Bankman-Fried, 30, has given nearly a dozen media interviews since the implosion and bankruptcy of his company—repeatedly apologizing for the approximately $8 billion in lost user funds while insisting he had no idea how bad the situation had gotten.
In between mea culpas, he resisted calls for him to testify before Congress, claiming he did not have enough information to speak. But on Friday, he finally bowed to demands from committee chair Rep. Maxine Waters, announcing in a tweet that he is willing to testify at a hearing on Dec. 13. His acquiescence comes with a big caveat: He said there is a “limit to what I will be able to say, and I won't be as helpful as I'd like.”
Experts told The Daily Beast there is plenty Bankman-Fried can—and should—offer up under oath. Here are some questions they think he should face during the grilling.
Did he knowingly misuse customer funds?
The answer shouldn’t require more than a simple “yes” or “no,” though in some interviews Bankman-Fried has appeared to deflect. In one particularly brutal example, he struggled to explain to Good Morning America’s George Stephanopoulos why customer deposits may have been loaned to other entities he was affiliated with— namely the trading firm Alameda Research—in apparent violation of FTX’s terms and conditions. In multiple interviews, Bankman-Fried has claimed ignorance about Alameda’s loan structures and the amount of risk FTX had taken on, saying he was focused on other areas of the business.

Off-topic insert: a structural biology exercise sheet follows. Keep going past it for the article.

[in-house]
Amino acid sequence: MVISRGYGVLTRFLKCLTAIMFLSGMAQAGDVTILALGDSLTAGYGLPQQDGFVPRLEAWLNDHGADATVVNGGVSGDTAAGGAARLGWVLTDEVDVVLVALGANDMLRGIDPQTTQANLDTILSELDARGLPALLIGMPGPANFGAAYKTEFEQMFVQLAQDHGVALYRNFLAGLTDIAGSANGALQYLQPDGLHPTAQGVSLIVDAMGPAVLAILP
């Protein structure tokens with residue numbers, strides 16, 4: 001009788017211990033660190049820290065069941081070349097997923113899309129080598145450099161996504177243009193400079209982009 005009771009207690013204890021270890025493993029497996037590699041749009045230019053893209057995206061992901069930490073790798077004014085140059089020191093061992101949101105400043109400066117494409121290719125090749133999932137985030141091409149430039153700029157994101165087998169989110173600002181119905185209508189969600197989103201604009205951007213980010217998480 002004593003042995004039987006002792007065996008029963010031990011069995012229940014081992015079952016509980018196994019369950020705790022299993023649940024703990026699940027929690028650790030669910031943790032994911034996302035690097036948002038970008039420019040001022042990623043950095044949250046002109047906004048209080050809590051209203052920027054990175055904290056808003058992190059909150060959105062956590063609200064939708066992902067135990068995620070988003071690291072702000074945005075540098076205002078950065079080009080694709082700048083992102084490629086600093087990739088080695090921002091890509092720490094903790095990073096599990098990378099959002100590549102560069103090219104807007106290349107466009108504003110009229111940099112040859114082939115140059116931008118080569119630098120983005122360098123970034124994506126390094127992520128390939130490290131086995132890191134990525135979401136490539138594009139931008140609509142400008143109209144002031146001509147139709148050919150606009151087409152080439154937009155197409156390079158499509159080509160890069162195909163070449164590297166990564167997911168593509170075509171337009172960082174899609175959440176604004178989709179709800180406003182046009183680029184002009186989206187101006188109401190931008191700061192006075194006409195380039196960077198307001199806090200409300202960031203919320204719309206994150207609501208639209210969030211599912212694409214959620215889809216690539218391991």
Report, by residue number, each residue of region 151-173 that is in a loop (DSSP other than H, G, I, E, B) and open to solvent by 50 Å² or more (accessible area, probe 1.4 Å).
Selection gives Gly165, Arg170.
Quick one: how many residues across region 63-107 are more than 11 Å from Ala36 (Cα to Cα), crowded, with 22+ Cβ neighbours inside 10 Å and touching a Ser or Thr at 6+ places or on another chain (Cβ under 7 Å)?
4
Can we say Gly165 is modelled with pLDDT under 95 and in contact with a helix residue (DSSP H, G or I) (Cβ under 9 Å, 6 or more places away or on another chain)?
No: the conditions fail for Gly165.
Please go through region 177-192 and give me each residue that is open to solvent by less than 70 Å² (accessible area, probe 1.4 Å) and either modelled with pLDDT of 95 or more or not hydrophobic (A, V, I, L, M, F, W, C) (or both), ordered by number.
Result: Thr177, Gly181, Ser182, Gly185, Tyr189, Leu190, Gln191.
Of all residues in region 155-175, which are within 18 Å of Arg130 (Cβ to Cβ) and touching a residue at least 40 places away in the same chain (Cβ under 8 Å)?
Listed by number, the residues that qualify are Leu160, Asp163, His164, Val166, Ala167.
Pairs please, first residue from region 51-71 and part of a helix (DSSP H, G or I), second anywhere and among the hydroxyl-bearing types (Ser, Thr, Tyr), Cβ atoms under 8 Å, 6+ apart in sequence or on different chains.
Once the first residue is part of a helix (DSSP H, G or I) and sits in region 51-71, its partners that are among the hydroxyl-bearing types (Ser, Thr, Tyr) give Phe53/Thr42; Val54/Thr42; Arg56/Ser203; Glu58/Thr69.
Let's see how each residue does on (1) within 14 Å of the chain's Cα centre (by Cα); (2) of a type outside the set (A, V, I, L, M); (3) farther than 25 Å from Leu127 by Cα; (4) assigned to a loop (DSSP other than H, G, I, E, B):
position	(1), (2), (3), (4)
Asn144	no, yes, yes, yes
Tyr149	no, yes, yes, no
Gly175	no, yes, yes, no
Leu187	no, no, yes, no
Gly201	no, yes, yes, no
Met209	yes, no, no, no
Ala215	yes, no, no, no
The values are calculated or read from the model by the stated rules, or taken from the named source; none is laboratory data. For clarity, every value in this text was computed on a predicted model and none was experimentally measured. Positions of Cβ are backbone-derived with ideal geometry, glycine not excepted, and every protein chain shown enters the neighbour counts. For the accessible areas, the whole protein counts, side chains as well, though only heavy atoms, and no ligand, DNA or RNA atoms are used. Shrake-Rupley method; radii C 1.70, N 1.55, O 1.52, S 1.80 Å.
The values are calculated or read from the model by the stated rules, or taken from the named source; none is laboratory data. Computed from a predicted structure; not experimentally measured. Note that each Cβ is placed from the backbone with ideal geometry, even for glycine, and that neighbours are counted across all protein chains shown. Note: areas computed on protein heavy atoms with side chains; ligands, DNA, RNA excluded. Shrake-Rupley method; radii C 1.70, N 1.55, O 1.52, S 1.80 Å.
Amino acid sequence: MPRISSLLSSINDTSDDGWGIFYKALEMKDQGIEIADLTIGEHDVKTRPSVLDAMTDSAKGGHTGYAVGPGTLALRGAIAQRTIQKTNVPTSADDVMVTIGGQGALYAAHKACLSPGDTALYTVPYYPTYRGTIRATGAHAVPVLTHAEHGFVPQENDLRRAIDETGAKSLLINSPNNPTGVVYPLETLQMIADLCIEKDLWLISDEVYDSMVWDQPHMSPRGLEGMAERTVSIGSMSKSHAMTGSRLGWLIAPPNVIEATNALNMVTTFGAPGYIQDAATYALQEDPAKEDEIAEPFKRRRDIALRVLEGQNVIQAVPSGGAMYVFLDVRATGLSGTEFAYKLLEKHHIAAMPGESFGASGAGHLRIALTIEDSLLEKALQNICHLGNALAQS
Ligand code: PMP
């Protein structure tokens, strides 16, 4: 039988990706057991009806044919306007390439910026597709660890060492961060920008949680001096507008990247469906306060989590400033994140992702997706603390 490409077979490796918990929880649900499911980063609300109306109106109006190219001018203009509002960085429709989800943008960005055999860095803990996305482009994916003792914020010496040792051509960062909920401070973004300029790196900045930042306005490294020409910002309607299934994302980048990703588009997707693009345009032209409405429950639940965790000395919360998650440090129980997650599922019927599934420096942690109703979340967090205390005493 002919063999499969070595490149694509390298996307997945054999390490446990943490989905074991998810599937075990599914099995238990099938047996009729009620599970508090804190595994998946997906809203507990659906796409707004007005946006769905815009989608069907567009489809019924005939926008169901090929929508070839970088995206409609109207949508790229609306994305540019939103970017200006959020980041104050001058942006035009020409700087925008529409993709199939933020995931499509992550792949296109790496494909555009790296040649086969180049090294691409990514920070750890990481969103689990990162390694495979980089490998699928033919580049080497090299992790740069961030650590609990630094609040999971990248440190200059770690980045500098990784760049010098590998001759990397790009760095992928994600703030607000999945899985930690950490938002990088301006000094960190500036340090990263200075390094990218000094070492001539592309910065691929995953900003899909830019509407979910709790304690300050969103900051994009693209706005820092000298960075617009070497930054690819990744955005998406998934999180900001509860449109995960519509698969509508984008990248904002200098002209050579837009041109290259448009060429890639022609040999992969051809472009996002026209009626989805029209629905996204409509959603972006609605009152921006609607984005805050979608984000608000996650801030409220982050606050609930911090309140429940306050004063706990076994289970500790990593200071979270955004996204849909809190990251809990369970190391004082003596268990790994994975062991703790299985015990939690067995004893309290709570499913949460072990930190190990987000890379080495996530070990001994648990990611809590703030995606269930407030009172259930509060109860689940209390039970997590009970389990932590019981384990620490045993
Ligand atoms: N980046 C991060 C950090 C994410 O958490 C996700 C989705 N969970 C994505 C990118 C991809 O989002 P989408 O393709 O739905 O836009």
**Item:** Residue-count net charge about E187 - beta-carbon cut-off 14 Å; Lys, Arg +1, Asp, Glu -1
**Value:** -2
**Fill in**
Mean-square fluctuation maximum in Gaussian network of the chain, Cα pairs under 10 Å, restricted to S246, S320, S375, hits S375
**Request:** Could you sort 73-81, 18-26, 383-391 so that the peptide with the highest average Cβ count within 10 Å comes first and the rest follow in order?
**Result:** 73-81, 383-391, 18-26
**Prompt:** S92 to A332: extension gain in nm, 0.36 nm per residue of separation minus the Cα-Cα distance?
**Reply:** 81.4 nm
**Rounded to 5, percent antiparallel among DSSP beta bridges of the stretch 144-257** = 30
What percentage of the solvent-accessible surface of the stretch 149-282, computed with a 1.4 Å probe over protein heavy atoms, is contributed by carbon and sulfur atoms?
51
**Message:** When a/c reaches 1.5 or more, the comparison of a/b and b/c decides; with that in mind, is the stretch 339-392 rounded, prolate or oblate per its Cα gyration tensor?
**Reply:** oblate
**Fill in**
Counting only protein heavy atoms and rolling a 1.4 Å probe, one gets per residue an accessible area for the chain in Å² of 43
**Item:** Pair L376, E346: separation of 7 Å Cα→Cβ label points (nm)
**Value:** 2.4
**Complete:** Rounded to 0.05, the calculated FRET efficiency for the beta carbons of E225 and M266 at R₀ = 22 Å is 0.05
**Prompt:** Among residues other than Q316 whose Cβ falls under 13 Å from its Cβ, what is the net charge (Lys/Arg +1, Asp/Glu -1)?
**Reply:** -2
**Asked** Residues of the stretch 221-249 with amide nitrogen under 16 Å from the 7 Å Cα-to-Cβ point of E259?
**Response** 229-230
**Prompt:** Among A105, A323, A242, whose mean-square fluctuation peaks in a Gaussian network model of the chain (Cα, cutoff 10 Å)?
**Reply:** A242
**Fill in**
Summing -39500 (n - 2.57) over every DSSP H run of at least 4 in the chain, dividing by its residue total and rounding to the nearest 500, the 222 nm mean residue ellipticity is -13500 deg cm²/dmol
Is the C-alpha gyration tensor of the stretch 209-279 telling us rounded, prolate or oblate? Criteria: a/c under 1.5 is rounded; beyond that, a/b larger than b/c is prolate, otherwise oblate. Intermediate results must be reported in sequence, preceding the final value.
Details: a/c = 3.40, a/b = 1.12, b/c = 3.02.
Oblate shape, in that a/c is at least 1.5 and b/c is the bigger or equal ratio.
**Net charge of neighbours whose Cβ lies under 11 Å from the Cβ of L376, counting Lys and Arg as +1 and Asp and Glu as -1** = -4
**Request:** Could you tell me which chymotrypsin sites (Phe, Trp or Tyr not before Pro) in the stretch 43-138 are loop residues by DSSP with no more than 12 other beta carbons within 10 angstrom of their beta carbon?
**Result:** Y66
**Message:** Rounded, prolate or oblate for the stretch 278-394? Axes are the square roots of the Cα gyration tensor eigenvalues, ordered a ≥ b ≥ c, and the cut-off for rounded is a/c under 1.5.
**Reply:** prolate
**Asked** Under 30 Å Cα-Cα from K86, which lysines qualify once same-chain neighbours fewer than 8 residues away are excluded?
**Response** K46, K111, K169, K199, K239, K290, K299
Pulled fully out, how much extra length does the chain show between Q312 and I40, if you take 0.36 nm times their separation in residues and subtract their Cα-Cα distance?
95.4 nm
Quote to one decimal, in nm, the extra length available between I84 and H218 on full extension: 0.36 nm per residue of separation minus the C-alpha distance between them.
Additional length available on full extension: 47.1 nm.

But experts who spoke to The Daily Beast said that defense holds little water. “It's as though you came to me as a professor and said, ‘Hey, gosh, why did you let all that cheating happen in your class?’ And I'm like, ‘Listen, I was just focused on teaching the students,’” said Joseph Wall, a professor at Marquette University who researches fraudulent behavior in disruptive technologies. “Both things can be true, but it doesn't abdicate my responsibility to catch the cheating and grade properly.”
The stakes for SBF are enormously high, as he weighs trying to salvage his reputation against exposing himself to legal peril. John C. Coffee, a professor at Columbia Law School, emphasized that lying during his testimony “could produce a perjury indictment.”
Why didn’t he set up better firewalls against conflicts of interest?
After FTX’s abrupt collapse, Bankman-Fried was pushed out as CEO, and a new executive, John Jay Ray III, took the helm. Ray immediately assailed the old leadership team in a Nov. 17 bankruptcy filing, writing, “Never in my career have I seen such a complete failure of corporate controls and such a complete absence of trustworthy financial information as occurred here.”
Considering the financial entanglement between the FTX exchange and Alameda Research, there should have been clear safeguards in place to prevent abuse, said Ranjay Gulati, a professor at Harvard Business School. “Whenever you have businesses that are transacting with each other, and that are supposedly independent, you have to create checks and balances,” he said.
Brian Green, professor of accounting at the University of Michigan-Dearborn, said there are also unanswered questions about FTX’s auditors, including how they valued FTX’s tokens. “How can a CPA firm test the fair value of a made-up asset?” he asked. Green also expressed interest in how FTX selected its auditing firm, how much time was spent examining its books, and whether the auditing firm was equipped to handle such a large project.
Was he actively trying to thwart regulation?